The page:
EVS are however not the greenest form of transport. Walking, cycling, riding a horse, using electric trains, tram and busses are all greener. If you were designing a green transport system from scratch there would be no place for the private car. But since people aren't realistically going to give up their cars we need a compromise.

Graham W5    on 1 March 2021

The issue is Hydrogen cells is it takes about 3 times the energy to produce the hydrogen compared to using the electricity to charge a battery: this not only places greater demand on power generation requirements but also make the hydrogen expensive. Whilst studies show that the increased demand for electricity to charge EVs can easily be achieved this would be a far greater challenge to meet the energy requirements of mass adoption of Hydrogen cars. Hydrogen is also difficult to store an transport (either being stored under very higher pressure or at very cold temperatures). The cars are more expensive.

As with EVS Hydrogen cells do solve the issue of exhaust pollution (which is estimated to kill the equivalent of 30,000 people each year in the UK, new ICE cars are cleaner than older cards but still emit a nasty mix of toxins and street level). I have not doubt there is a place for hydrogen cells but it seems unlikely they will become the mainstream for private cars. In the early days of EVS battery range was an issue and Hydrogen addressed this, but now with many new cars with a range of greater than 200 miles and some greater than 300 miles an rapid charging for general private cars range is not really a problem (Yes your petrol car may be able to do 500 miles on a tank of petrol but you aren't actually going to drive 500 miles without a break).

robert battley    on 1 March 2021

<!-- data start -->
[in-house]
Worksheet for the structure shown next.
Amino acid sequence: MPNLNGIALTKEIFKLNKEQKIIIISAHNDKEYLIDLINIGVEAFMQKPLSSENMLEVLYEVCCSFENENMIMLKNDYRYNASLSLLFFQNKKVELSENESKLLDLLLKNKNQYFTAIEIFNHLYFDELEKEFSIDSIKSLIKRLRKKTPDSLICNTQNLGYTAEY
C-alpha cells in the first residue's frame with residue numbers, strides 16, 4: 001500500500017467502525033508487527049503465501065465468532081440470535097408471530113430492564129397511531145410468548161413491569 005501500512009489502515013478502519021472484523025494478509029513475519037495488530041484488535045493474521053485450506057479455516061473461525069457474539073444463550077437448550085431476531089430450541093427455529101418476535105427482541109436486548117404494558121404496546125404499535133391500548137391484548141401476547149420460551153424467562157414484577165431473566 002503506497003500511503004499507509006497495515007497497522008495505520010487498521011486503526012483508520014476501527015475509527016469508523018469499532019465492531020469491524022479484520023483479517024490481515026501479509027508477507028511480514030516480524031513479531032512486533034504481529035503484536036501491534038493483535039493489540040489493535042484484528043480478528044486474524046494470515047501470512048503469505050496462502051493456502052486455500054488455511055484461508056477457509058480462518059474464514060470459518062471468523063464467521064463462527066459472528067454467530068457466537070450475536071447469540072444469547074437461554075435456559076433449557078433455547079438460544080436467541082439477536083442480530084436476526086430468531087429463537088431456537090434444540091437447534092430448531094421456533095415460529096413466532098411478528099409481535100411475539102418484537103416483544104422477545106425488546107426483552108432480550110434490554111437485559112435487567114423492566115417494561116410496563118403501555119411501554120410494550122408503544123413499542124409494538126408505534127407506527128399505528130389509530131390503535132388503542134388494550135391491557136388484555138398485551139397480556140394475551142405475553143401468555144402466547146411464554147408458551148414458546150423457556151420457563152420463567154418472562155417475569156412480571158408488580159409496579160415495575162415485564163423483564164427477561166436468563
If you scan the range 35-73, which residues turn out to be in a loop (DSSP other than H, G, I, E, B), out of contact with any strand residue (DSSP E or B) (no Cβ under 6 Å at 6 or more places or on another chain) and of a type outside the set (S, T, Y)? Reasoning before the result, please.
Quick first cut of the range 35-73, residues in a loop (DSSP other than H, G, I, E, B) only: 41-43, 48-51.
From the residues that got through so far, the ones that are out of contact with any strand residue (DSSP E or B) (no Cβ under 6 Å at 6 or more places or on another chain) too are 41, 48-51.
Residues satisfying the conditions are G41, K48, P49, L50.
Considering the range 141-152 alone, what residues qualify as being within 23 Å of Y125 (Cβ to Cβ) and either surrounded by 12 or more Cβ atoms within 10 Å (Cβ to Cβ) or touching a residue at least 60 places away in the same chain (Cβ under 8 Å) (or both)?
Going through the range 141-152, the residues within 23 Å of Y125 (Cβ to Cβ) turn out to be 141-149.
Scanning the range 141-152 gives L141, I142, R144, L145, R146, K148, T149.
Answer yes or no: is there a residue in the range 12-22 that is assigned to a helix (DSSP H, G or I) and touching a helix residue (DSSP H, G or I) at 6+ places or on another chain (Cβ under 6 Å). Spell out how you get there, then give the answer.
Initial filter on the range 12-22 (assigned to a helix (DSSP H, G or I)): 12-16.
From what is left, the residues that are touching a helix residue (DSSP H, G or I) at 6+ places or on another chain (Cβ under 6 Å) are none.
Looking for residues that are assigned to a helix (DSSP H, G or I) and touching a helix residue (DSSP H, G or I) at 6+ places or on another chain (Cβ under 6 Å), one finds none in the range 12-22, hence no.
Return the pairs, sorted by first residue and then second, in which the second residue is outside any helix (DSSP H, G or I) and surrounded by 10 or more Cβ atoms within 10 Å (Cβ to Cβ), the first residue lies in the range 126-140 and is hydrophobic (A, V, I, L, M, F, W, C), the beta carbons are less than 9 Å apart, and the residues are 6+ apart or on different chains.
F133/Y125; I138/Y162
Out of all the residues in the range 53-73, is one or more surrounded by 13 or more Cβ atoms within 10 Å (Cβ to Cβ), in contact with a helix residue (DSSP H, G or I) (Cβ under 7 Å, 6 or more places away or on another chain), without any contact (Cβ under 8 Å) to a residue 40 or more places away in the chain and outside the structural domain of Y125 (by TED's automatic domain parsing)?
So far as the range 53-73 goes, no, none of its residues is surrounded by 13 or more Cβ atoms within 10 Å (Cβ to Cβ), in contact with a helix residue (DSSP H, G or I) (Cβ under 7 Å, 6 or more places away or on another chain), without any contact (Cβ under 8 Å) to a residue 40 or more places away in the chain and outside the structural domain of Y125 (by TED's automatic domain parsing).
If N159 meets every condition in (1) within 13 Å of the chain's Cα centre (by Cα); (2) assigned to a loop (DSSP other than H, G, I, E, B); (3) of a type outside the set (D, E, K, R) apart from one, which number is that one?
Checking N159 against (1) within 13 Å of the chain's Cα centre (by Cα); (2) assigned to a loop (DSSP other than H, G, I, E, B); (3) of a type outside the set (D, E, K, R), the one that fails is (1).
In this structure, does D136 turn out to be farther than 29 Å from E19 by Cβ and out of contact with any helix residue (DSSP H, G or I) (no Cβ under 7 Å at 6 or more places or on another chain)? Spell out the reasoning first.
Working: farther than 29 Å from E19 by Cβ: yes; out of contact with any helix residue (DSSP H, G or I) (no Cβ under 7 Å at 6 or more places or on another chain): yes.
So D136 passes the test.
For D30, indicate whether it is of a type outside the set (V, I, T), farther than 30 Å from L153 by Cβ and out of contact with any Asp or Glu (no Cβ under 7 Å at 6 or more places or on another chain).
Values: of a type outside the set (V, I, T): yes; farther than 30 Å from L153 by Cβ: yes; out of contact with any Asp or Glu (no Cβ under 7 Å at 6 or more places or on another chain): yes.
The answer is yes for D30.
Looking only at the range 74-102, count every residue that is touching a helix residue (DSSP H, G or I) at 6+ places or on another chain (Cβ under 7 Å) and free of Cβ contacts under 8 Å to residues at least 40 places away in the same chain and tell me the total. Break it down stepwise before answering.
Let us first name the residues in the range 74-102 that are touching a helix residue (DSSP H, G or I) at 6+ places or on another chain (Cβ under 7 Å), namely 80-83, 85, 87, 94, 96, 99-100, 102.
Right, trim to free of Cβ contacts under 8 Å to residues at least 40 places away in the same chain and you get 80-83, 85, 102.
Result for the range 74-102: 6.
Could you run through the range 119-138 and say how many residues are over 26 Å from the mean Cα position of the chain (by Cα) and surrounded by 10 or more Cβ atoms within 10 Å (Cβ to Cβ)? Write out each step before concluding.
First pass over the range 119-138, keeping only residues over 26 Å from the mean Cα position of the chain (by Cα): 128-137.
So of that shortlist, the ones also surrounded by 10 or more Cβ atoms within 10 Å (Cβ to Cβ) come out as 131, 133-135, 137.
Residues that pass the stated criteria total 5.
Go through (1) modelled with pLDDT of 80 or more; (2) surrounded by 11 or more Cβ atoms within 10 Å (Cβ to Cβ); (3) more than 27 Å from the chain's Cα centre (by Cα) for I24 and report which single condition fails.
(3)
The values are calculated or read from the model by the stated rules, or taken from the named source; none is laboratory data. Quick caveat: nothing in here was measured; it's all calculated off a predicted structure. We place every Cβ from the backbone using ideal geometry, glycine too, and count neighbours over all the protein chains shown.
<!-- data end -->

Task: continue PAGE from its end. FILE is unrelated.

yeah , all we see is adverts promoting evs using girls with pretty nails and a mobile stuck to her lug plugging in her ev , im waiting for an ad with girls driving evs with daisys in their hair going to a free love dance in the woods , my god ive gone back to the 1960s in one advert , but i do feel these tree huggers wont be happy till we are all expert daisy chain makers,i do wonder what serious aviation is going to do without aviation spirit , and i cringe when i think of the RAF, and not to mention the army in battery tanks and what of the navy, well i suppose they did have the answer around 150 or so years ago ,but trying to land a battery fighter jet on a carrier with sails just is not going to fill our would be enemies with absolute fear, but again our tree huggers would love this as it would do away with our defence which is what they want i just wish they would undestand that you cannot uninvent things so we would still need our fossil fuels for a long time yet to keep our defences strong because would be agressors have to be watched and they wont be giving anything up in the near future , anyway i have digressed a little , but lets be serious we all know things look bad as we are constantly reminded by david attenborugh but racing towards all cars being electric when the infrastructure is not in place and range on an ev is rubbish if you want to travel around 250 miles or more dont believe the car makers range you wont get anywhere near it and you will spend time waiting for a charging point to become vacant in some service station where you dont want to be petrol stations take 5 mins in and out, i foresee lots of arguments concernig charging points in the future when there is around 25 to 30 million evs on the road and do expect any help from the police they will have to watch their battery range so they can respond to emergencies and oh god i forgot the ambulance and fire engine ,oh the hell with this im going for a coffee.